Did anyone argue in 1914 that we must ban cocaine because addicts were causing a crime wave by stealing money to buy cocaine for $100 a gram? No, because cocaine was legal and cheap. When heroin was legalized in Switzerland, use did not go up but property crime went down 60 percent. It so happens that countries with the most prohibitive anti-drug laws happen to have the most drug use. In Holland, where marijuana is legal, 22.6 percent of the population has used it, but in America 41 percent have used marijuana.

Prohibition is a violation of our civil rights. The Ninth Amendment states that by enumerating some rights the government in no way limits other rights that are too many to enumerate. This is recognition of our unalienable rights, which pre-exist governments.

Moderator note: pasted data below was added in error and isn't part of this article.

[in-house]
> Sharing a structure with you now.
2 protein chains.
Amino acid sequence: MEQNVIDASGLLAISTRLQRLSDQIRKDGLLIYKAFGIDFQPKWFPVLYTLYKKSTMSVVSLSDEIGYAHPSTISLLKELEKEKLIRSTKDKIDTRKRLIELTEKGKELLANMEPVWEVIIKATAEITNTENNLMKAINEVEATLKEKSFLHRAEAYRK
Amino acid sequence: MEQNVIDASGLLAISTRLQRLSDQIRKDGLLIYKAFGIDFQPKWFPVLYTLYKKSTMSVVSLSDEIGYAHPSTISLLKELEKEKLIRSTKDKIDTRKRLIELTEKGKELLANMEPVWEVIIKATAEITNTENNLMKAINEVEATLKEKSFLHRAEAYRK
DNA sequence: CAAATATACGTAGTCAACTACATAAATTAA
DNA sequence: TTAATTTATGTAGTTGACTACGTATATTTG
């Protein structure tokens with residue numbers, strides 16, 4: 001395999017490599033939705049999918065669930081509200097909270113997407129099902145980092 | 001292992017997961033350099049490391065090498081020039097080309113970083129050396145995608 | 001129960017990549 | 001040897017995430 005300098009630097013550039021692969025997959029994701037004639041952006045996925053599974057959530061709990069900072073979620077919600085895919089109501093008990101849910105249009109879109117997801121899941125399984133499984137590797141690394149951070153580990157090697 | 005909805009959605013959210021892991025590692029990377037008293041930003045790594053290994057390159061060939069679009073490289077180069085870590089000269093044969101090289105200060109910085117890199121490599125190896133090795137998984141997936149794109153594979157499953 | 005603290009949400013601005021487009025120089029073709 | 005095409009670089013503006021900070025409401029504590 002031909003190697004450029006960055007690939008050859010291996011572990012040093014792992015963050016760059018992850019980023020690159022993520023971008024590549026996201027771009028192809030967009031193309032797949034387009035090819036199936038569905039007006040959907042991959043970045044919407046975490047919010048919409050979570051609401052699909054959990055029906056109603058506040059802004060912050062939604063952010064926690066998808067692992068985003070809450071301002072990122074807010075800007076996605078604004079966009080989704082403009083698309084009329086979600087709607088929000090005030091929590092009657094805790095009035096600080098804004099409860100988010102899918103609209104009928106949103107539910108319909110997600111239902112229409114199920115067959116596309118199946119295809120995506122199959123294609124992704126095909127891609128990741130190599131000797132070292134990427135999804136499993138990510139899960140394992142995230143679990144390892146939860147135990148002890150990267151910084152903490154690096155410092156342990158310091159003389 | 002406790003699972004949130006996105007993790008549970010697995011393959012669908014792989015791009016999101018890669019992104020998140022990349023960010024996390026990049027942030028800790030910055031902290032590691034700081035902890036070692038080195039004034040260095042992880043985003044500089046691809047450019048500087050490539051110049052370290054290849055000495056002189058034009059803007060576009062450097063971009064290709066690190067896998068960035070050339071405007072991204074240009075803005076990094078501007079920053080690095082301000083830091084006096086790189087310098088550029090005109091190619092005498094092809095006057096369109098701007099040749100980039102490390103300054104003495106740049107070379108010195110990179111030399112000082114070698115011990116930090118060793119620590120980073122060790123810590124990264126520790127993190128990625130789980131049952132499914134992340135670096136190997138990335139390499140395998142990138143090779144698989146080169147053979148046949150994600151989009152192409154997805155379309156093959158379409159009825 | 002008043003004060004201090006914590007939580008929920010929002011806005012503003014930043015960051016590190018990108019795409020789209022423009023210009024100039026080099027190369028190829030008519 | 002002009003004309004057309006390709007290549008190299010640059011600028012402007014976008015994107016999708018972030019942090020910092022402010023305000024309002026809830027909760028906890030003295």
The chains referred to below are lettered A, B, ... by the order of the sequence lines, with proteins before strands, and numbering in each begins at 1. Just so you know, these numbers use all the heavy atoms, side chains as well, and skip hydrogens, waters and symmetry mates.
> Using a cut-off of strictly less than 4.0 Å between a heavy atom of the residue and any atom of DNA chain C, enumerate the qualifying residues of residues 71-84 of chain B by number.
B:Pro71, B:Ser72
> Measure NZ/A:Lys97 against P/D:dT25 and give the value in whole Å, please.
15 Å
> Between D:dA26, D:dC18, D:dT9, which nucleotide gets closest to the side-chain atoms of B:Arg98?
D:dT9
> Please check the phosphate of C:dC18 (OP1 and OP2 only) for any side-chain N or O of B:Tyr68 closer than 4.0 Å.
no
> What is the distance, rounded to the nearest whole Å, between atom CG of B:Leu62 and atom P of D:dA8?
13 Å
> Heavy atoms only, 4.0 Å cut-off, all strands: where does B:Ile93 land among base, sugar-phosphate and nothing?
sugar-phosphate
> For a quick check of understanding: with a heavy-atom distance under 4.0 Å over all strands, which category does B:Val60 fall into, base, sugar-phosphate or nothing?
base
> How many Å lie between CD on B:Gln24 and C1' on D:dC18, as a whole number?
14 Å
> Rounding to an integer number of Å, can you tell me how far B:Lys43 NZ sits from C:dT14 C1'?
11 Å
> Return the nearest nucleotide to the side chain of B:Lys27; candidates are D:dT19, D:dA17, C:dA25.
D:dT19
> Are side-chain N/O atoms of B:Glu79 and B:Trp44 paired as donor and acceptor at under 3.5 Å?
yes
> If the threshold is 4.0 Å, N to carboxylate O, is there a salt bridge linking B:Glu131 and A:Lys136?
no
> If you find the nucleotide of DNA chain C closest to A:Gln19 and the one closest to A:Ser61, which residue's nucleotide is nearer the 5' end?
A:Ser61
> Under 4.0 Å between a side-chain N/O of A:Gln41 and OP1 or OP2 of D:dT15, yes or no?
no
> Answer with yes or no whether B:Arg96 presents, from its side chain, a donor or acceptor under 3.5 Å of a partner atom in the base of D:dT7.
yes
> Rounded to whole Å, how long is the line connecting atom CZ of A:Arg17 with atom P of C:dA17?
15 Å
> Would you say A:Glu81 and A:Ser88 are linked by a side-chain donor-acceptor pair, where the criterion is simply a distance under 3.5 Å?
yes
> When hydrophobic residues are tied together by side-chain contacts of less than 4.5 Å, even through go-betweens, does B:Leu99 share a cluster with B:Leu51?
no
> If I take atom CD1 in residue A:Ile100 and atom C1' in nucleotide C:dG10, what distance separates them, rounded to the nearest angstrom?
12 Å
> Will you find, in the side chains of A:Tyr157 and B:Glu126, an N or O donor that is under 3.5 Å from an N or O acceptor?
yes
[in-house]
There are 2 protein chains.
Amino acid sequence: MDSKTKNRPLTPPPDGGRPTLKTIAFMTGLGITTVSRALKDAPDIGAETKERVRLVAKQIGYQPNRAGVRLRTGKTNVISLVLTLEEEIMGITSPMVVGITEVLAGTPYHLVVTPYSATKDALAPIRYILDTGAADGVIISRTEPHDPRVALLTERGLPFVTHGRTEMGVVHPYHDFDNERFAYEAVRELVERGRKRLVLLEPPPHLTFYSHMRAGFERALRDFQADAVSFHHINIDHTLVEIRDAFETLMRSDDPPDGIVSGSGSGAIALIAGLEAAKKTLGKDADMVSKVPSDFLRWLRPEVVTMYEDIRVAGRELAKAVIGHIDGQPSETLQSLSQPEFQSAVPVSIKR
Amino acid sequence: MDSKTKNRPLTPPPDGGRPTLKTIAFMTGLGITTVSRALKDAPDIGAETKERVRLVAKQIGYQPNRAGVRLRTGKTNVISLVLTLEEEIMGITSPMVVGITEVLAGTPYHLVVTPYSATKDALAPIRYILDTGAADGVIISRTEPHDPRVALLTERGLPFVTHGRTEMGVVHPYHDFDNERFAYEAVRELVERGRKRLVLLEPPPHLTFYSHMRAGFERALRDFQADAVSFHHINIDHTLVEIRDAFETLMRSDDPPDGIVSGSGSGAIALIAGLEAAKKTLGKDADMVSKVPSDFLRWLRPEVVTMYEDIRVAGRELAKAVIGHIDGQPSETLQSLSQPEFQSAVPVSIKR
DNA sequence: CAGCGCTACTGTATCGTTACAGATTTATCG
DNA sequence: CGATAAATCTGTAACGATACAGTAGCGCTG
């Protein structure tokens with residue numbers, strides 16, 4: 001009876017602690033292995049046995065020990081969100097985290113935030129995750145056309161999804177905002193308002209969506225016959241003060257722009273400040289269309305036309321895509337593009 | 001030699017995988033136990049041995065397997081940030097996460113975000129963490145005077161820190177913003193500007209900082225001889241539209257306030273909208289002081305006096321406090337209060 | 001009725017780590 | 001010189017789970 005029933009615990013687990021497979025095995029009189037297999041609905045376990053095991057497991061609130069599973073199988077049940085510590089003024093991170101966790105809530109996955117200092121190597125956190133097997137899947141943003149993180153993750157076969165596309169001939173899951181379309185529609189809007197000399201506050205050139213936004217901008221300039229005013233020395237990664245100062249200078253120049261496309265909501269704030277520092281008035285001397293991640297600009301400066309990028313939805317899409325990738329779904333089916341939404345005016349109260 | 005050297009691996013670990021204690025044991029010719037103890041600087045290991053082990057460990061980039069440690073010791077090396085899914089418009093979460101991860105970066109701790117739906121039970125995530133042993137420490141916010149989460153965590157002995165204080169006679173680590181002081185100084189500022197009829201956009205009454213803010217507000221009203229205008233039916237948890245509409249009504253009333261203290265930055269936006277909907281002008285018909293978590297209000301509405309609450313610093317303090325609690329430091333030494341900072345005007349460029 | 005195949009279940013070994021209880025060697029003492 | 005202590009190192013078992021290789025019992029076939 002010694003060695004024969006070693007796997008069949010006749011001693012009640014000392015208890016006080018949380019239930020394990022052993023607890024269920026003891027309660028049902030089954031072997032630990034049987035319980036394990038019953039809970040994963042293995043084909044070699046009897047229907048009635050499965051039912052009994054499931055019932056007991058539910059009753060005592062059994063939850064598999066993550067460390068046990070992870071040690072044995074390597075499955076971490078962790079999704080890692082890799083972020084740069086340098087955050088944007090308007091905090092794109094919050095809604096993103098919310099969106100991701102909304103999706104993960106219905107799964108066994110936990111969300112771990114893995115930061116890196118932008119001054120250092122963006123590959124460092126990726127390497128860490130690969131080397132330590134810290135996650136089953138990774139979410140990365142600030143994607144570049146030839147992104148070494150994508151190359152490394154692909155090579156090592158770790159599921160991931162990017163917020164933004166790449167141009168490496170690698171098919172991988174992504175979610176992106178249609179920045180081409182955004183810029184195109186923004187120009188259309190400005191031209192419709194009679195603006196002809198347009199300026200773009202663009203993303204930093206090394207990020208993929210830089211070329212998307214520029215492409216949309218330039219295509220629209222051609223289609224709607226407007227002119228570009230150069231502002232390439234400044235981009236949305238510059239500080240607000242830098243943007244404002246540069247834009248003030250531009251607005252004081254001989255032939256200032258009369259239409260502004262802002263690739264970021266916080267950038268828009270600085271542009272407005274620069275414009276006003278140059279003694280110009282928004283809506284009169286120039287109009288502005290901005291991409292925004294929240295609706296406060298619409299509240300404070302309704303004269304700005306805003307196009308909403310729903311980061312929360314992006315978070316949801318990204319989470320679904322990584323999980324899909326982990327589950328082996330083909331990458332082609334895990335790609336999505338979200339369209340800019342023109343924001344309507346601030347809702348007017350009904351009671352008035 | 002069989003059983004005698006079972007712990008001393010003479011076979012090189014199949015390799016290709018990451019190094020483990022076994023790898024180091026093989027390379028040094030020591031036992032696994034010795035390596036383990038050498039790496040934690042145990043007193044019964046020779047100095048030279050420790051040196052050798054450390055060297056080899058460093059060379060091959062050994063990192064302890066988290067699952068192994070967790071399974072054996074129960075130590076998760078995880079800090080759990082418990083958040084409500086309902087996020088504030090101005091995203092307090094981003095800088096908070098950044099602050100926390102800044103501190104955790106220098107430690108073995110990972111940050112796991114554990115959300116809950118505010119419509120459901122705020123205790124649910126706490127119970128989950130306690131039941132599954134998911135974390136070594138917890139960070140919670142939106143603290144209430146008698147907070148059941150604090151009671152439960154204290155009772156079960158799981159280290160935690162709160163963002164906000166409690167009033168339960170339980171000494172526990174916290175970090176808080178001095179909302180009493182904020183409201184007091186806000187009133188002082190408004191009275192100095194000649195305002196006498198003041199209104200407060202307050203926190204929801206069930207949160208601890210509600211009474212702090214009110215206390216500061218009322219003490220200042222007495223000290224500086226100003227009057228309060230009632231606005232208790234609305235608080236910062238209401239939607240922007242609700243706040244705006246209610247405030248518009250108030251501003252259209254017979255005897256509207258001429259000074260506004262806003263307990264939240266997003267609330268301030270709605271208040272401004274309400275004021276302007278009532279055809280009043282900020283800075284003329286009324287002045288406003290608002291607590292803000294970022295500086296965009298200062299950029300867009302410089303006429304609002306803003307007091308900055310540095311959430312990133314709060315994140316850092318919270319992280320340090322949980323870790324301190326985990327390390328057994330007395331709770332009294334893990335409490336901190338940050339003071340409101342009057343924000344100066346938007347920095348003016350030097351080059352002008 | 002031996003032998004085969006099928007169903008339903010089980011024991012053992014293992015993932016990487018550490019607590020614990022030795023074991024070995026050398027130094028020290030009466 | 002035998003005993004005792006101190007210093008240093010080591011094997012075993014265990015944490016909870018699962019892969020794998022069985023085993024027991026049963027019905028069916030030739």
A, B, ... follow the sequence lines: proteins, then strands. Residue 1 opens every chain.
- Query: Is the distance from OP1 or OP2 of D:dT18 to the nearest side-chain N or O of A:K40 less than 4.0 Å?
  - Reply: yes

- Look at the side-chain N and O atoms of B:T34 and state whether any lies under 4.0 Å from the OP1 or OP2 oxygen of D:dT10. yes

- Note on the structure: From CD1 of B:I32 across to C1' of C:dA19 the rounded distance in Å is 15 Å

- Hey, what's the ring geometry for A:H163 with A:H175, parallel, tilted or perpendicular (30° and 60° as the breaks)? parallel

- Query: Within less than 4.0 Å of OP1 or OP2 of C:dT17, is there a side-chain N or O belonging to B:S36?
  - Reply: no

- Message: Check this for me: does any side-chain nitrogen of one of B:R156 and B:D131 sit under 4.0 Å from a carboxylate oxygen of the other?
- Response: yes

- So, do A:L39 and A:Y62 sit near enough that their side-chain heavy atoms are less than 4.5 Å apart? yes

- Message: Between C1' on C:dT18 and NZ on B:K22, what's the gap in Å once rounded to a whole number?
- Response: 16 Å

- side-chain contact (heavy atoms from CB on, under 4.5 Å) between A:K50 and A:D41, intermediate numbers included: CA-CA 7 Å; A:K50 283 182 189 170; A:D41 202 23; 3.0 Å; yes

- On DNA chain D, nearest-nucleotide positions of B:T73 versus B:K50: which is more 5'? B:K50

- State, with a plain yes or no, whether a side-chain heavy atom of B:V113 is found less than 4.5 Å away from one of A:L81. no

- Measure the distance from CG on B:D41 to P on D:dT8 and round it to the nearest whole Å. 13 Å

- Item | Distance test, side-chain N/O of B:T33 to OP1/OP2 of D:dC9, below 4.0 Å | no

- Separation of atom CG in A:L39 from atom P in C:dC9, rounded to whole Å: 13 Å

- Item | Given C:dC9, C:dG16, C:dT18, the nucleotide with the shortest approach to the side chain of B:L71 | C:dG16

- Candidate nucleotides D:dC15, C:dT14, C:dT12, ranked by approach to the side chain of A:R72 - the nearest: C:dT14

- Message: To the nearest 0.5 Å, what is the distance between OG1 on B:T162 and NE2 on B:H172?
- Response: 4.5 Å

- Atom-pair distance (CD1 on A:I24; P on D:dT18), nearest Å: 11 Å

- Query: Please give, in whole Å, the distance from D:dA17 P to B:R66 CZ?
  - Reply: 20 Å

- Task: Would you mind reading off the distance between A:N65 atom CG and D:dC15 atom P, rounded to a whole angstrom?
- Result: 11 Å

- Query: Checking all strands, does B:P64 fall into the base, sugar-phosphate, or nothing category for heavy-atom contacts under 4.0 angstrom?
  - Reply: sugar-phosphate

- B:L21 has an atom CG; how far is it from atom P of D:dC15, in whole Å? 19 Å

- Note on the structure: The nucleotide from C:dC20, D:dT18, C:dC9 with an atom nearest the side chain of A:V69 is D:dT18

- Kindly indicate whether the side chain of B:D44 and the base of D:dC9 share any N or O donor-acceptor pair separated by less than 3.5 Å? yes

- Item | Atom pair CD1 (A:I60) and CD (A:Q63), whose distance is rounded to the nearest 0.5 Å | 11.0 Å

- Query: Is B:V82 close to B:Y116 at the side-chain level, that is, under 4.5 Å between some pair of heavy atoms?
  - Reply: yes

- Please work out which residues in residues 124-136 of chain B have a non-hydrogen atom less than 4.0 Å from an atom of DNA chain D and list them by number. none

Prohibition has transformed the land of the free into the land of lock everybody up. America incarcerates at five times the world rate. Are we five times more evil than the rest of the world?

One might ascribe these disgraceful figures to differences in culture and safety. Think again. Canada is similar to us culturally, and yet we incarcerate eight times the rate it does, and it is rated the eighth safest country on earth. America is 83rd. Has all that incarcerating helped? America is No. 1 in illegal drug use!

President Lincoln said, "The best way to get a bad law repealed is to enforce it strictly."

If drug prohibition were strictly enforced, 85 percent of the population over 47, including three presidents, would do prison time. But that kind of enforcement would lead to repeal. So what is done to keep the gravy train rolling? Target the poor and the voiceless, mostly young minorities. America incarcerates blacks at a rate five times that of South Africa during apartheid!